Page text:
Health insurers see gains in serving poor and elderly
By Jennifer Liberto @jenlibertoAugust 22, 2012: 5:20 AM ET
Giant health insurers have been gobbling up smaller ones, partly to strike gold with a new government experiment allowing them to manage care for millions of the nation's sickest, poorest and oldest patients.
Some 15 states are in different stages of creating demonstration programs that allow managed care companies to care for so-called "dual-eligible" patients -- those enrolled in both Medicaid, which benefits poor Americans, and Medicare, a program for the elderly.
On Monday, Aetna(AET) announced it was buying Coventry Health Care(CVH), which already works closely with state Medicaid programs. The announcement came a month after WellPoint(WLP) said it will buy Amerigroup(AGP), another insurer that focuses on Medicaid. Last year, Cigna(CI) bought HealthSpring, which serves 122,000 dually eligible beneficiaries, its president Shawn Morris said in July.
What could be at stake, eventually, is the welfare of some 9 million poor, sick and older Americans, whose care costs federal and state governments more than $300 billion each year.
Whether the mergers will lead to better care or cost savings is a matter of debate. The eagerness of bigger health insurers to jump into serving dual-eligible patients is sending red flags to consumer advocates.
"From the consumers' point of view, this is a bad idea," said John Metz, chairman of JustHealth, a watchdog group in California. "With larger insurers taking more control, they tend to be even less accountable. With large insurers, we see that consumers are frequently having benefits, to which they're legitimately entitled to, being delayed or denied with no redress."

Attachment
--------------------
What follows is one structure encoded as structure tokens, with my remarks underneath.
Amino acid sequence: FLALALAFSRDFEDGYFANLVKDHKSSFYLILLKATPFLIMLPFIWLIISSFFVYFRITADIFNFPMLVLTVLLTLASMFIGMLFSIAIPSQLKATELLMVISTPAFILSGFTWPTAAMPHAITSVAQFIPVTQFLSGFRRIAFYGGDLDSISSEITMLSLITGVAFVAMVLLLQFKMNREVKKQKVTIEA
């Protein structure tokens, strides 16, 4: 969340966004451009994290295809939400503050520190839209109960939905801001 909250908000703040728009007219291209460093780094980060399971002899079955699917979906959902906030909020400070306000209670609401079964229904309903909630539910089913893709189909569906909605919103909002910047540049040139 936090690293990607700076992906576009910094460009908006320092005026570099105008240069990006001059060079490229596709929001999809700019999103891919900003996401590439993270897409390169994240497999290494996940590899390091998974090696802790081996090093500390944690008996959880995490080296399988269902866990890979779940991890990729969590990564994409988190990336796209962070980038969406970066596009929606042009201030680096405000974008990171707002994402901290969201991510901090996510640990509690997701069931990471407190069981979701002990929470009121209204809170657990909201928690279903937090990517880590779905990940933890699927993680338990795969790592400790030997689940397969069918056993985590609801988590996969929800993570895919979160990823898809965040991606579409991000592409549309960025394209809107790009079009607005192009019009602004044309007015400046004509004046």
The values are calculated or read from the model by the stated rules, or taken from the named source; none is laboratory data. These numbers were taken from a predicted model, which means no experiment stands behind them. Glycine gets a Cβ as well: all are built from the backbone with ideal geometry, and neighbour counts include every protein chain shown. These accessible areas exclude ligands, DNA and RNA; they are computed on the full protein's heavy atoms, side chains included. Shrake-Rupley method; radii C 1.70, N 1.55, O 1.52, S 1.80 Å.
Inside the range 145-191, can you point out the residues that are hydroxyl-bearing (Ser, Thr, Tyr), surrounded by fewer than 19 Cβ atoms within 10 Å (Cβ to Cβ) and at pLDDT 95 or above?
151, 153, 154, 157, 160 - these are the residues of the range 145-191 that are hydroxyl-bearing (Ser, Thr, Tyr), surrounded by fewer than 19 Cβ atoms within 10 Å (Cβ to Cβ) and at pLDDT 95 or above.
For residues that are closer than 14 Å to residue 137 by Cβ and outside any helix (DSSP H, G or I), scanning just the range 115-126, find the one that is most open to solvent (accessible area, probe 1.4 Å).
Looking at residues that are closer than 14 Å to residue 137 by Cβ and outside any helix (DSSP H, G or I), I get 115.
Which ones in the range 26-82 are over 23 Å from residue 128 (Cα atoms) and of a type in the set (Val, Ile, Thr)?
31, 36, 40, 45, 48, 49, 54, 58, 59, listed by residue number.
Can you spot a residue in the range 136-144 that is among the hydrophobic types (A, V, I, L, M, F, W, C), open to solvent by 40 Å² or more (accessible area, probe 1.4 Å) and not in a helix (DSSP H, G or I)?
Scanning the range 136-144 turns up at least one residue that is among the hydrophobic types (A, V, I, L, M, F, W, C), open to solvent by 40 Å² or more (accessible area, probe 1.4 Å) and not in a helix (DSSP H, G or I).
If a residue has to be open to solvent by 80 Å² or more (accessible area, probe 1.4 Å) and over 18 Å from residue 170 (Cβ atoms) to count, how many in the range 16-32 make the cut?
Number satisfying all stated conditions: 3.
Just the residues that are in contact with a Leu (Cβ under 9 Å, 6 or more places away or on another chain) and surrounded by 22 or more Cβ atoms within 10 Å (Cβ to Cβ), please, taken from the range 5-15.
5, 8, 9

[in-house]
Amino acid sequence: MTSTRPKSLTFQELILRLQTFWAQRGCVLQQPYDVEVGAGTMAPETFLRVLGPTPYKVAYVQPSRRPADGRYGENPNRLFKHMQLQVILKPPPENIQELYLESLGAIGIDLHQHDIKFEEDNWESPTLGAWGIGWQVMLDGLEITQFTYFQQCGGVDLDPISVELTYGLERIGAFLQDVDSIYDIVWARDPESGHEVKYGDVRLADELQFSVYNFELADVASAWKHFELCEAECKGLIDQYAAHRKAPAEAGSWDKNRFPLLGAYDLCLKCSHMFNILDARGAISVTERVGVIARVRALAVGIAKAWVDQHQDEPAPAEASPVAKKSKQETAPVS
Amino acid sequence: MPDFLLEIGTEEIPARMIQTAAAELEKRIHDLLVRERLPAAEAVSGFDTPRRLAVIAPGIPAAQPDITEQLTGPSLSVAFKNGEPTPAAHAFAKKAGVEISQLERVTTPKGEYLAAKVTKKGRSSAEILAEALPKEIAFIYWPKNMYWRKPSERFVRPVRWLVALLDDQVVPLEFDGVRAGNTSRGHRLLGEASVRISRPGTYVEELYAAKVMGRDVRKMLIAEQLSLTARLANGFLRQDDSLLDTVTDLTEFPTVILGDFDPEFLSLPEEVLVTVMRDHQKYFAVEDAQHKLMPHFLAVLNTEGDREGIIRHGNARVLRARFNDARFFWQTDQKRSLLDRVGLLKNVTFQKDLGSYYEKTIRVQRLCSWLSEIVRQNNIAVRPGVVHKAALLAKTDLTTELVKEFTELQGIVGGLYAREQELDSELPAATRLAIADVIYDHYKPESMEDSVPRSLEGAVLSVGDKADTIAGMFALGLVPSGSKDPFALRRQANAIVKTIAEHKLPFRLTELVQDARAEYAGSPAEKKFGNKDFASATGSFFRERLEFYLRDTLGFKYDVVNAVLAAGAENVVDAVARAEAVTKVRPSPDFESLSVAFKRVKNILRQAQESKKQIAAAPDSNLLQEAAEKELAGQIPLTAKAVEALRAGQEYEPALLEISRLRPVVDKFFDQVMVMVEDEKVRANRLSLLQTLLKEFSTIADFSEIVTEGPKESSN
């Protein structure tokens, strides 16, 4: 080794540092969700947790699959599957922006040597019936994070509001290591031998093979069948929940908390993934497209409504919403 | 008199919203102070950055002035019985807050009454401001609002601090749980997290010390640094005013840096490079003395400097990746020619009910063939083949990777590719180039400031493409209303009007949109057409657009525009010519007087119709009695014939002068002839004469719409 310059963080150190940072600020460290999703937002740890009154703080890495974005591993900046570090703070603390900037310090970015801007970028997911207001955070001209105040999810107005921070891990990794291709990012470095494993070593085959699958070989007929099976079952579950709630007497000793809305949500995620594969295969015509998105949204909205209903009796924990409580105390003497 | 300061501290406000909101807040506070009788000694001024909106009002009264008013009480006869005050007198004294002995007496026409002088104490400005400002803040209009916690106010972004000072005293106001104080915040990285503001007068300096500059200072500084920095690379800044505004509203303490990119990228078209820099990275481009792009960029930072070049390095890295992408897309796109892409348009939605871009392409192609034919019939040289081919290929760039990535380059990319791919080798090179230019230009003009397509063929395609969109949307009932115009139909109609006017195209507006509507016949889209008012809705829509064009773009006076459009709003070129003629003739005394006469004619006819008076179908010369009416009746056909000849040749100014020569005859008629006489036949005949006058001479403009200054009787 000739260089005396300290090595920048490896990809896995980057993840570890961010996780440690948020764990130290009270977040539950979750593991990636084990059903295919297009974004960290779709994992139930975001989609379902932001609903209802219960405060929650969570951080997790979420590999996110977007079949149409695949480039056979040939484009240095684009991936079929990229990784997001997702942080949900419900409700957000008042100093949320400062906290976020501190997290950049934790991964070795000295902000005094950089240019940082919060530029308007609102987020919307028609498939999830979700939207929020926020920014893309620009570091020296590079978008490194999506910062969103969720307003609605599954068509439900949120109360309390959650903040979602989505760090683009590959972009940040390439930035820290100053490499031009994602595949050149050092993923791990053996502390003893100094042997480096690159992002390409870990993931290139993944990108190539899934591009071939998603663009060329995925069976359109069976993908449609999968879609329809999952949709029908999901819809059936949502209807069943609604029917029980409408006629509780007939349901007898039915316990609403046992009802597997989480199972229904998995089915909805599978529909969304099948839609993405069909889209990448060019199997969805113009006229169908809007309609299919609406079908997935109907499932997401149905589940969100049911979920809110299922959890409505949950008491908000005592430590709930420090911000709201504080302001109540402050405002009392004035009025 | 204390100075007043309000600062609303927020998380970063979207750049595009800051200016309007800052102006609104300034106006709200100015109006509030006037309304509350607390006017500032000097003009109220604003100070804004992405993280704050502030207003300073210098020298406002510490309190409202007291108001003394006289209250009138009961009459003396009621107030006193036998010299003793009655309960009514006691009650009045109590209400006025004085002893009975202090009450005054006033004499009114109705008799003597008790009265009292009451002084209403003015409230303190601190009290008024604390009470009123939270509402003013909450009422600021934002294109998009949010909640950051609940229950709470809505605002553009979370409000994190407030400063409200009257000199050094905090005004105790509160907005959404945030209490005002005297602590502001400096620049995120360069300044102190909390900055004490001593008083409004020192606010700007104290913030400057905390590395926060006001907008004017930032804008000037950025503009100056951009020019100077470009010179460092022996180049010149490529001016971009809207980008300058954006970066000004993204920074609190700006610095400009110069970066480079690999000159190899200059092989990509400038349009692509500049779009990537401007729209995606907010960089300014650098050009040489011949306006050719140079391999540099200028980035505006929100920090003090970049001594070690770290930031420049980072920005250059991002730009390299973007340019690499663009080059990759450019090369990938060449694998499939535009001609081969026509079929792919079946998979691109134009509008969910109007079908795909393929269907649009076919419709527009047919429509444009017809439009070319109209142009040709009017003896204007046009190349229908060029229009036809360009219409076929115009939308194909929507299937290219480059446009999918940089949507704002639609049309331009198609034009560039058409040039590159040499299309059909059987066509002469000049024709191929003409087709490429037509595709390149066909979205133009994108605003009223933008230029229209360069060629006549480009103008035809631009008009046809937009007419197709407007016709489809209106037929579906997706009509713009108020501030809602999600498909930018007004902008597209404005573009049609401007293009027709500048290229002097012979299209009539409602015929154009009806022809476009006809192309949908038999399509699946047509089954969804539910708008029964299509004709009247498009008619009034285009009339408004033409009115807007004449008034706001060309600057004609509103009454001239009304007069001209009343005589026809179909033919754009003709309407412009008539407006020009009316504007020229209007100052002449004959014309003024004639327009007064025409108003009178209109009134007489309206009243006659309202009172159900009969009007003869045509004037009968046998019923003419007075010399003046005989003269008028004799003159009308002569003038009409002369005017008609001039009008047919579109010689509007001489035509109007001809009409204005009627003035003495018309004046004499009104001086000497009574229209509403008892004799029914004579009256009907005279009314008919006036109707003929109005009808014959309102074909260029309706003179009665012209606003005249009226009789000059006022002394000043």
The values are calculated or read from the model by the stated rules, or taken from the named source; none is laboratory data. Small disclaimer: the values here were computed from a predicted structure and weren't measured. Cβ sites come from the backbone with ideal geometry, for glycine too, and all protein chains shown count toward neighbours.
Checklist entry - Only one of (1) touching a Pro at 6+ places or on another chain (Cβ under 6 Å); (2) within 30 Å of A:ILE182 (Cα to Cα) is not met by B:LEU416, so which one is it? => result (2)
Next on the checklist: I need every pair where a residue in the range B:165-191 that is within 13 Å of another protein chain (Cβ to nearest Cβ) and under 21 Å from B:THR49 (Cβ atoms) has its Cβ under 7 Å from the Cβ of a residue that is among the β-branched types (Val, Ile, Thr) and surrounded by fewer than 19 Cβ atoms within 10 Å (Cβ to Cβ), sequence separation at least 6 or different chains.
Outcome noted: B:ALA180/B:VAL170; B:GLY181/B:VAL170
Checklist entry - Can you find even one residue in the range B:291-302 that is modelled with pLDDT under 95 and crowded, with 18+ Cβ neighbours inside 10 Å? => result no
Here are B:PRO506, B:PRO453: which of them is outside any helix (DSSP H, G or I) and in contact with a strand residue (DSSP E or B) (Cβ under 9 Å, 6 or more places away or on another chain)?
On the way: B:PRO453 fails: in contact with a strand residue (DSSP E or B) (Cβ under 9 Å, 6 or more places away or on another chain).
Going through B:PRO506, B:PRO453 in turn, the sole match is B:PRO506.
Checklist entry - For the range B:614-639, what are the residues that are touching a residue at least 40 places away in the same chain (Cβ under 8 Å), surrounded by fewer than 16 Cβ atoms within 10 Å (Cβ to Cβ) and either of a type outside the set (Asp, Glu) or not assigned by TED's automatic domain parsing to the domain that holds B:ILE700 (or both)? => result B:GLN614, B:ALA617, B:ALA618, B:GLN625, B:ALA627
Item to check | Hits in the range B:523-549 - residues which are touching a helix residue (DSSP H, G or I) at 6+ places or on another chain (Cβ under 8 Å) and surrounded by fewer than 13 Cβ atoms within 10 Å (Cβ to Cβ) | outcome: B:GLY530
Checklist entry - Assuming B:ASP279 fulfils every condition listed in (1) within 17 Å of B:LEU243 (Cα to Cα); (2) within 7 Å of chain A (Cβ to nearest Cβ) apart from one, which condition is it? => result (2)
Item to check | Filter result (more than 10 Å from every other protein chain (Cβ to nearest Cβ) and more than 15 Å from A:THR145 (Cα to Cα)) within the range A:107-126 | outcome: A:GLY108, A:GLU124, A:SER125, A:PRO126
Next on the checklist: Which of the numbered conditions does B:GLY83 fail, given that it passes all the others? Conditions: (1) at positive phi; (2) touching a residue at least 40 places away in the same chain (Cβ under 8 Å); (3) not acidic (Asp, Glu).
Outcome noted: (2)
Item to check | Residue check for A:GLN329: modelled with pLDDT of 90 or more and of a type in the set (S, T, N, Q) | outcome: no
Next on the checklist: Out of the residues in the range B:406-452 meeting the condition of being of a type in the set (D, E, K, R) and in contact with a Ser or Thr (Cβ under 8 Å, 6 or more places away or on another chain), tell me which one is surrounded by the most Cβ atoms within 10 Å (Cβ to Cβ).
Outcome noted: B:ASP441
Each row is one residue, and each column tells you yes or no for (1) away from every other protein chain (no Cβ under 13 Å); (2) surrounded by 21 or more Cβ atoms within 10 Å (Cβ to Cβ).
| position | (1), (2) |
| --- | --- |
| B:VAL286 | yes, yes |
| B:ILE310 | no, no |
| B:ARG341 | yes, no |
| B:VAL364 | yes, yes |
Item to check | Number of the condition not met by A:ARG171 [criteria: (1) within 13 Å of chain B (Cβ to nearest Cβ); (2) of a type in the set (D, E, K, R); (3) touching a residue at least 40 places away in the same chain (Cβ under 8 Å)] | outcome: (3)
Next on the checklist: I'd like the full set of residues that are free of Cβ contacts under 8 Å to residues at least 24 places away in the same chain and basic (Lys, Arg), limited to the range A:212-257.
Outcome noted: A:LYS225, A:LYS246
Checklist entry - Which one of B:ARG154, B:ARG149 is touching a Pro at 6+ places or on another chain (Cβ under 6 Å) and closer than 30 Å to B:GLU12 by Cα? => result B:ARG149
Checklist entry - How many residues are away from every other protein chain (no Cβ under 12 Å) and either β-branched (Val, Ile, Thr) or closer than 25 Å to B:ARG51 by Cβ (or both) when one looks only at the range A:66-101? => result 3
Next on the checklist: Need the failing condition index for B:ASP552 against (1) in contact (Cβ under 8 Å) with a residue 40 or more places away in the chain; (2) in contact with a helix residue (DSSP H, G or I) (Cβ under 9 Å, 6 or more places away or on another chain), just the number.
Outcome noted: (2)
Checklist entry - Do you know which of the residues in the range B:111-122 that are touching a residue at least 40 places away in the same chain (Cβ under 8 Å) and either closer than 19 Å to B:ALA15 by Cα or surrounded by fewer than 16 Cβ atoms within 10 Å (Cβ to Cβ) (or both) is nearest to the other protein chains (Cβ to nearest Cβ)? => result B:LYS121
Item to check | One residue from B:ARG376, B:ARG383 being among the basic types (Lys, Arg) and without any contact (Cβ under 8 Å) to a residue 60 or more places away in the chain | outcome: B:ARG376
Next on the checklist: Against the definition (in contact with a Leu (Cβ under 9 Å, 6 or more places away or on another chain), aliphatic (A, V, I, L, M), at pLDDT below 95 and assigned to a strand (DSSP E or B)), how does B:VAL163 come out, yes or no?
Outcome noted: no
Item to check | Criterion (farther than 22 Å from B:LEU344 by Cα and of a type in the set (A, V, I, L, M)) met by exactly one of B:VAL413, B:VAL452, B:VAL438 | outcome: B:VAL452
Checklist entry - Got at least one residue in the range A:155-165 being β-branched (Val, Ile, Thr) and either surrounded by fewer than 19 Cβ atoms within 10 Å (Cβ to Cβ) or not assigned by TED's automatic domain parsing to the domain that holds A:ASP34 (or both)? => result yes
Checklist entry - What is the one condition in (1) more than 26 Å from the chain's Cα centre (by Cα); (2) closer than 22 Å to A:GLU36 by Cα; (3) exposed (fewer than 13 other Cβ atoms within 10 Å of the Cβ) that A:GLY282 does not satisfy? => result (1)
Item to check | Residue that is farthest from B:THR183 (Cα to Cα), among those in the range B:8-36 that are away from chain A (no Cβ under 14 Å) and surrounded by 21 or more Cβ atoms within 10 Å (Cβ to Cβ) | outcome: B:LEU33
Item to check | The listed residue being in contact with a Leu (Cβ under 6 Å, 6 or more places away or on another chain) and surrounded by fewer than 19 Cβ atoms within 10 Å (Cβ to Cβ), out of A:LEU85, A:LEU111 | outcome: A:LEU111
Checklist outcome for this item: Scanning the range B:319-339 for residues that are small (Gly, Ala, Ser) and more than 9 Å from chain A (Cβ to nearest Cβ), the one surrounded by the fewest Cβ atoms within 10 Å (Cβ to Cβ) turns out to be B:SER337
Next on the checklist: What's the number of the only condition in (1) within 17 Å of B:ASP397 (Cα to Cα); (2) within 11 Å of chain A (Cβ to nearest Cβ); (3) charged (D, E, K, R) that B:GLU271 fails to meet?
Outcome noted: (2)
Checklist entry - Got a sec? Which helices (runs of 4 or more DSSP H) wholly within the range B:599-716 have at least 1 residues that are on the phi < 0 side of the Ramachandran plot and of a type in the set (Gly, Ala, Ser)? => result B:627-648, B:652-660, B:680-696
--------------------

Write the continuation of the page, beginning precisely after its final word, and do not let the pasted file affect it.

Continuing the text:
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Health insurers disagree, saying that the bigger insurers are best equipped to provide the quantity and quality of services needed to launch these new programs, which are part of the health care law championed by President Obama.
"We believe we have the right capabilities to effectively manage these individuals to high quality outcomes and generate a reasonable return for our shareholders," said Mark Bertolini, Aetna CEO, about expanding into managed-care programs for "high-acuity" patients.
States have been flocking to get into these demonstration projects in hopes of improving care and lowering the costs for the priciest and sickest patients.
Right now, care and cost for dual-eligible patients is split. State-based Medicaid pays for long-term care, such as nursing homes, and federal Medicare pays for emergency hospital visits. The idea is that with one managed-care company overseeing all the care, there will be more coordination and cost savings, as companies seek the cheapest and most efficient way of keeping these individuals as well as possible.
So far, the federal government has doled out $1 million awards to 15 states, including New York and California, to coordinate care for dual-eligible beneficiaries through managed care starting in 2013. The program could expand into 26 states, ultimately affecting a population of 3 million, health care policy experts say.
As a group, dual-eligible beneficiaries are more likely to suffer pricey diseases such as diabetes, lung disease, stroke, Alzheimer's disease and mental illness, said Melanie Bella, director of the Medicare-Medicaid Coordination Office at the Centers for Medicare & Medicaid Services, in testimony before a Senate panel in July.
In Medicaid, the dual eligibles are 15% of enrollees but make up 39% of all Medicaid costs. In Medicare, they are 18% of enrollees and 31% of total costs.
Consumer advocates are worried about the demonstration programs, especially since big health insurers suggest that they expect to make money.
"There's a perception that this is going to be easy for the large insurers. That they're just going to have to cut costs," said Kevin Prindiville, deputy director at the National Senior Citizens Law Center. "But these people need a lot of services. They're sick and have chronic conditions. It's not a matter of just getting them to their primary care doctor. They have real needs."